Big Sandy ADD - Serving Floyd, Johnson, Magoffin, Martin & Pike Counties
The Big Sandy Area Development District is a multi-county organization serving its five county area of Eastern Kentucky, charged with planning, promoting, and coordinating programs for regional economic and social development. The organizational structure of the District represents and responds to the elected and appointed officials of member counties, cities, special agencies of these governments, and the citizenry at large. The District Board and staff work closely with elected officials and other community leaders of the area to first determine and then, in partnership with state and federal agencies, to achieve development goals and objectives by following agreed upon development strategies.
The Area Development District concept originated in Kentucky under the Governor Bert T. Combs Administration in 1961 with what were called 'area development councils'. The Kentucky Area Development Office was created that same year as the focal point state agency for providing coordinated assistance to the Councils. Today this role is served by the Governor's Office through the Department for Local Government. The multi-county structure of these councils and the natural economy of using a regional approach was a Kentucky recommendation to Presidents Kennedy and Johnson and has been written into a number of federal acts, including the Appalachian Development Act and the Public Works and Economic Development Act, of 1965. Most recently the concept was written into the Inter-modal Surface Transportation Efficiency Act of 1991. The grouping of counties into development districts as they are today was determined in 1967. By executive order of the Governor, all state agencies were directed to work consistently with the fifteen designated areas in developing and implementing local area approaches to programs and projects.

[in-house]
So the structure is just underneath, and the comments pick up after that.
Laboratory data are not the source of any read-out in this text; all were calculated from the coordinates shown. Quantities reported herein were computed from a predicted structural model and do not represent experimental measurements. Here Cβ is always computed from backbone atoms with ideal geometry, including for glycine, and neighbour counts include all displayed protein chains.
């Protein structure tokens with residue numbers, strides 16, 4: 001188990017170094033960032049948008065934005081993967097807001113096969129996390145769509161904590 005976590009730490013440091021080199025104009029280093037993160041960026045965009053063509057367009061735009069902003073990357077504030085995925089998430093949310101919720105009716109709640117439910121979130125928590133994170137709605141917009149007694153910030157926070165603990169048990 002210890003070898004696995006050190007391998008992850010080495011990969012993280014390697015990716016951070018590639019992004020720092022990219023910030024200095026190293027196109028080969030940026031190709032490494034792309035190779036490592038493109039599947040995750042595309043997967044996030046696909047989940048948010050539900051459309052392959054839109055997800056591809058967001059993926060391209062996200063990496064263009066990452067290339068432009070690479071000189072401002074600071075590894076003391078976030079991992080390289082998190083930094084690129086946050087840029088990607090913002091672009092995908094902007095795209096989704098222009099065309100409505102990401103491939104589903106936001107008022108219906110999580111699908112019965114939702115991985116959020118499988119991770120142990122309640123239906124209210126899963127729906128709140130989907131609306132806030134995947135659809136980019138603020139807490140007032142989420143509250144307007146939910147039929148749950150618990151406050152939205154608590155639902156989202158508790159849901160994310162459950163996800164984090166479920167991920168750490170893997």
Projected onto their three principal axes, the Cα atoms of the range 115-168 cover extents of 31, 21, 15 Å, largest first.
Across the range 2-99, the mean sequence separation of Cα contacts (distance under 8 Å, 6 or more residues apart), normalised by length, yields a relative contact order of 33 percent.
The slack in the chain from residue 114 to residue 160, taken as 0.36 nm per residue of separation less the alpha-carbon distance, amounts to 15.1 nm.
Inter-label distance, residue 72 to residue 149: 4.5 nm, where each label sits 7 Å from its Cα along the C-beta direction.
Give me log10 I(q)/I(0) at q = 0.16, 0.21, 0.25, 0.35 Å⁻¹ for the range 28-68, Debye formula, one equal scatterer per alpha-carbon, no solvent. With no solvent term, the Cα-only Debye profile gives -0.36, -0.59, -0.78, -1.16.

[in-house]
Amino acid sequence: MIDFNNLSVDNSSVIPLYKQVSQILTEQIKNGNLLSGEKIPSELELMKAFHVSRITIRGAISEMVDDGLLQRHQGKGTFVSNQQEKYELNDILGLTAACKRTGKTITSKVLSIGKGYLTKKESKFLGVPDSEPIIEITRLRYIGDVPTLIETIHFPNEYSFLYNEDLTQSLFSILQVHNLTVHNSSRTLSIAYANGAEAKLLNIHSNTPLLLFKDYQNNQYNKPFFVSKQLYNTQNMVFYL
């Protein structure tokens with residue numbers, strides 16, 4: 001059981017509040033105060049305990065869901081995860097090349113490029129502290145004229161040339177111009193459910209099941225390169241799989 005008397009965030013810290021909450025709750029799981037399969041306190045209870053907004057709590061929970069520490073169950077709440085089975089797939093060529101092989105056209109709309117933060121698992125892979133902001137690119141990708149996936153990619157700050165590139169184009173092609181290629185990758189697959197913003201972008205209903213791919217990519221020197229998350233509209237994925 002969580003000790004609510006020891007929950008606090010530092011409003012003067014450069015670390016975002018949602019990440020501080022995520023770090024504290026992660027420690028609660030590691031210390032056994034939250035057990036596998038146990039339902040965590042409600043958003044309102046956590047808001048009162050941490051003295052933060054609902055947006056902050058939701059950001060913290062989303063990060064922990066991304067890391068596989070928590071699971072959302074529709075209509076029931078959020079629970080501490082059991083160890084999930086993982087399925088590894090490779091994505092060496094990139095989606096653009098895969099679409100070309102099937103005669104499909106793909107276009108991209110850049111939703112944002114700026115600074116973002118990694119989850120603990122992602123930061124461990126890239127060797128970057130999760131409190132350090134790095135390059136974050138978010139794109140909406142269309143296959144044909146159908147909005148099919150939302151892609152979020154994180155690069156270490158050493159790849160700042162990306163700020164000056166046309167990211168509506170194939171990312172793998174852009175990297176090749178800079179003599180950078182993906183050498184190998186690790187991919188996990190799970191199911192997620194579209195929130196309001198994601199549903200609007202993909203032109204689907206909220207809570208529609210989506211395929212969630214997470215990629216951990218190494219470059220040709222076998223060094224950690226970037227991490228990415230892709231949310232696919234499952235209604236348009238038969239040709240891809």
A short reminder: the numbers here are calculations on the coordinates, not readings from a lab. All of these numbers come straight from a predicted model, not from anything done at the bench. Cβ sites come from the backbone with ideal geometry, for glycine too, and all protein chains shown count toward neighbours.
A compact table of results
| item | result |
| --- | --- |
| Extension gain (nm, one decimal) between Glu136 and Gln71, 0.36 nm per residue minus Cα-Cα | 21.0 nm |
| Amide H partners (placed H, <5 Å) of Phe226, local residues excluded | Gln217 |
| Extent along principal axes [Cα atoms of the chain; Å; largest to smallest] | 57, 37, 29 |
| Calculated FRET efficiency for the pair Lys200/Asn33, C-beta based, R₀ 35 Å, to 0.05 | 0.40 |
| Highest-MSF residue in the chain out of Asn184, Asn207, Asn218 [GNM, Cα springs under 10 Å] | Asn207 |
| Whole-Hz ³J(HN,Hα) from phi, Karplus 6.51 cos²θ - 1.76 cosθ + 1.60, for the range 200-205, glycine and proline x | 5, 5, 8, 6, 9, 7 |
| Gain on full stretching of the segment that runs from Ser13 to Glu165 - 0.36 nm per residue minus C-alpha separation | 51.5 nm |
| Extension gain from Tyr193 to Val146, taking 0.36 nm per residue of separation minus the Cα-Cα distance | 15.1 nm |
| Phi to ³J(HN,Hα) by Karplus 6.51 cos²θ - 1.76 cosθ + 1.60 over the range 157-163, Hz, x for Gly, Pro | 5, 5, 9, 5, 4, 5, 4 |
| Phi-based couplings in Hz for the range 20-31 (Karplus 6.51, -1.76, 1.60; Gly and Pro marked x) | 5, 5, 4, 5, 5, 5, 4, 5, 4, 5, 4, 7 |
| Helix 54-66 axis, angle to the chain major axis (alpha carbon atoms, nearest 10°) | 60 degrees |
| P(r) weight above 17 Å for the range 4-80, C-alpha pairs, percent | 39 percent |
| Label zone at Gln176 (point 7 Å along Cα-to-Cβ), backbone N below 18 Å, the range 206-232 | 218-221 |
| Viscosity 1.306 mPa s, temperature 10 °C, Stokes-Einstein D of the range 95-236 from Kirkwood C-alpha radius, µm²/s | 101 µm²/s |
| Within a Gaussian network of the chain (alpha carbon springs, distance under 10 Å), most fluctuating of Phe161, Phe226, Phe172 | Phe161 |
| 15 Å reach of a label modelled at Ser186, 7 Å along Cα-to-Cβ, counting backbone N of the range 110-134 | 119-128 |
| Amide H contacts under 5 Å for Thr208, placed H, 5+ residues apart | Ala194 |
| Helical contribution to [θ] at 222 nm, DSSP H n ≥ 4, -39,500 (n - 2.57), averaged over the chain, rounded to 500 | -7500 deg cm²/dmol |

The Big Sandy Area Development Council--the partnership of Floyd, Johnson, Magoffin, Martin, and Pike Counties--received Appalachian Regional Commission designation and funding in January, 1968. In December the same year, the Council received US Department of Commerce, Economic Development Administration designation and funding. In September 1969 the Board of Directors amended its articles to exchange the word 'district' for 'council' in the organization's name. On February 10, 1972 the Kentucky General Assembly established the area development districts as special purpose units of government with enactment of Kentucky Revised Statute 147A.050 120.
BSADD is a means by which local elected officials and citizens unite to provide for the planned growth of their area. BSADD is therefore a regional organization that assists in the formulation and implementation of human resource and infrastructure related plans.
It must be emphasized that the plans and recommendations made by an ADD represent professional advice only. BSADD is not a regulatory agency, nor do we have the power to force compliance with our plans. A good example of this role is the Kentucky Intergovernmental Review Process (KIRP). Established by Presidential order, this process requires most applications for Federal funding to be reviewed through a "single point of contact" in each state. In Kentucky, the Governor's Office for Local Development contains that point of contact which seeks comments from the BSADD on projects affecting our respective areas. Federal agencies are required to take into account the advisory comments of state, regional, and local agencies before funding a given project.
In addition to its regional planning role, BSADD (through our staff) also provides technical and management assistance to local communities on a broad range of topics. To name but a few: help is given to local economic development agencies and to planning commissions; applications are prepared seeking funding for a wide variety of public projects; assistance is provided in meeting administrative requirements of various Federal and State programs; and public management assistance is rendered so that local governments may upgrade their levels of service.